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Tuesday, August 23, 2011

John Locke Told Me Too

   When I started on my journey to having my novel published, I decided to follow the traditional publishing route. I wrote query letters with multiple revisions trying to entice (ok beg) any prospective literary agent to take a chance on an unknown author. Needless to say, it didn’t work out very well. With a mailbox full of thanks, but no thanks letters, I decided to research if I would be able to self-publish my novel.

   Lucky for me, the internet provided a vast amount of knowledge. I felt as if I were a kid in a candy store, with all of the information I could ever hope to find, and use in order to help with my book publishing dream. Then I came across a now well-known self-published author, John Locke. I read everything I could find on him (ok, I know what you’re thinking, and no, I am not a stalker.) I found his website, and read directly from his hand to my computer screen. And of course, I bought his book.

   To me, John Locke is the epitome of what a self-published author should be. I have followed his advice, and plan. With my second book nearing completion, I am getting closer to having an even better opening than I had for the first. So do I want to be like John Locke? You bet I do. And I will keep on churning out words and novels, just to see how far I can ride this wave. It has been a great experience so far.

   Even more important that my slight obsession over what has made John Locke so successful is the wonderful world of self-published authors I have been fortunate enough to ‘meet’ via the internet. By connecting via Twitter, Goodreads and Facebook. I have ‘met’ over 1000 people in the past month!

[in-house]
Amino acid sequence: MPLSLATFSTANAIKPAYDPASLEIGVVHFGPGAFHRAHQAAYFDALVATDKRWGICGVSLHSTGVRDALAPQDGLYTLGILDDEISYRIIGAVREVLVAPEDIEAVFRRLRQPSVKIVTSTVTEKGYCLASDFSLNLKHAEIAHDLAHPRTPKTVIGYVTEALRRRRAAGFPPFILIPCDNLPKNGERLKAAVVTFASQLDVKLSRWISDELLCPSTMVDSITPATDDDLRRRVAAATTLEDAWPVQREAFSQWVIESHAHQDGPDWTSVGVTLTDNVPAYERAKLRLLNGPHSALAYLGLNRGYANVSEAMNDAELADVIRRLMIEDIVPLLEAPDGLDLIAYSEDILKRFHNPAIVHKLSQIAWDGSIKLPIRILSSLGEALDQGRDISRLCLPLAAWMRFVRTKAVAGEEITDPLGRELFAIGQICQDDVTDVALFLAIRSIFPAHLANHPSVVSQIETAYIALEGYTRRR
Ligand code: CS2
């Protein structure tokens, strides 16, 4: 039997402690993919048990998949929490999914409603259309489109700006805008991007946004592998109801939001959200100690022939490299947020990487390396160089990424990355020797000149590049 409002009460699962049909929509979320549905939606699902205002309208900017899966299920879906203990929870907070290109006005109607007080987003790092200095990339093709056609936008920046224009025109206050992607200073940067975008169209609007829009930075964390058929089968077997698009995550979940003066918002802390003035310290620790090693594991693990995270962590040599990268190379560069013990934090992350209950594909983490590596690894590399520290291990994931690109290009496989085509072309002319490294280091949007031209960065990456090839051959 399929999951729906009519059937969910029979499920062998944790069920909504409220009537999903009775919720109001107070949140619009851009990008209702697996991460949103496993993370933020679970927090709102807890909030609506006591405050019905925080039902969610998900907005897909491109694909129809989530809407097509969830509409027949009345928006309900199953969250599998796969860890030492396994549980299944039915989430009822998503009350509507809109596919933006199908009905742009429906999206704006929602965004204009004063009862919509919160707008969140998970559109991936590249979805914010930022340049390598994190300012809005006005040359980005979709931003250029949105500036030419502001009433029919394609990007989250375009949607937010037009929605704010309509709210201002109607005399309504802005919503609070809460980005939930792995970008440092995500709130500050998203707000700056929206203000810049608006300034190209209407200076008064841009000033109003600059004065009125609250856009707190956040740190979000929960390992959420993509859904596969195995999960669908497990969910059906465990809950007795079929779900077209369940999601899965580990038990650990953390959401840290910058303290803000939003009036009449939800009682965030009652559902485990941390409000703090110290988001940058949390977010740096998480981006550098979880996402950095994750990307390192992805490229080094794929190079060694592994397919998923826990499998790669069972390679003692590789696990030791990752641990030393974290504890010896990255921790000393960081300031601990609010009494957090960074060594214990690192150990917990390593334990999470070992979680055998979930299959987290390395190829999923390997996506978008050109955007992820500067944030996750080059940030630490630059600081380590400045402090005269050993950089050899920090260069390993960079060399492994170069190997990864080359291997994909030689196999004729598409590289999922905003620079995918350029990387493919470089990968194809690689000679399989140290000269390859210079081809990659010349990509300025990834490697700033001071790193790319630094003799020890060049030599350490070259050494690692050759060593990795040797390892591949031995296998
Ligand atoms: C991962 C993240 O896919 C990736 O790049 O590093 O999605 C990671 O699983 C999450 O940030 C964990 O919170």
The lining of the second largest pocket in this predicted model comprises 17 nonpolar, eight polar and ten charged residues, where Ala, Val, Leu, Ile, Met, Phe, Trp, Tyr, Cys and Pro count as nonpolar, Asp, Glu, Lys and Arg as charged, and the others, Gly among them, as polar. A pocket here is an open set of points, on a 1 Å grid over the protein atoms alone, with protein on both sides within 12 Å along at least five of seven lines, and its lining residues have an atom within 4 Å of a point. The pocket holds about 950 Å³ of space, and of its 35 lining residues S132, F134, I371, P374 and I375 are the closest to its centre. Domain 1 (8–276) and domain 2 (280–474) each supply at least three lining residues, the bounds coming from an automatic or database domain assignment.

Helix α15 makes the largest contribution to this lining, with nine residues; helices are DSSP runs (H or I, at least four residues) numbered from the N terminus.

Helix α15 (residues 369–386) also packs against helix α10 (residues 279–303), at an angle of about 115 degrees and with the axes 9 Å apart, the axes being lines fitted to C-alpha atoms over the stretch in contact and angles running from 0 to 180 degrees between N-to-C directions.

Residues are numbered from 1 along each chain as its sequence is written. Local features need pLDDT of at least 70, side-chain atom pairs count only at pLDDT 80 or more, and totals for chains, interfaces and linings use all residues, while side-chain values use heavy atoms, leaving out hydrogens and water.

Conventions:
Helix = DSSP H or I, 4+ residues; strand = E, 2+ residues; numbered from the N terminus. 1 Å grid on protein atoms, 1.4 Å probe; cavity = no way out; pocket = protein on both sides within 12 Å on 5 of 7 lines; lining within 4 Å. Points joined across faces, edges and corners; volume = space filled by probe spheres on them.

One particular person has made a HUGE impression on me. Her name is Shelly, and this is her blog: She is hosting a contest on her blog to help other self-pub. authors find success. She didn’t know me from anyone, I was nothing special, just another Indie Author trying to get my book out there. She didn’t ask what I had to offer her in return for all of her generous assistance, and never once has asked “What’s in it for me?”
What an asset to have, and meeting her through her website purely by chance when following someone on Twitter, because John Locke told me too.

   It makes me think of all of the other people out there who are hoping to publish, wanting to take that chance and share their work with the world. I wonder how many of those hopeful authors are just as stuck as I was? (Come on, there has to be at least one person?!? Maybe? Hopefully?) I try and put little bits of information here to help those who might stumble across it, in order to help them out.
And having been on the receiving end of that help, I want to share what I know with others as well. Just imagine what we could do, all of the Indie authors band together, helping each other to improve our writing, making each story the very best it could be simply by helping.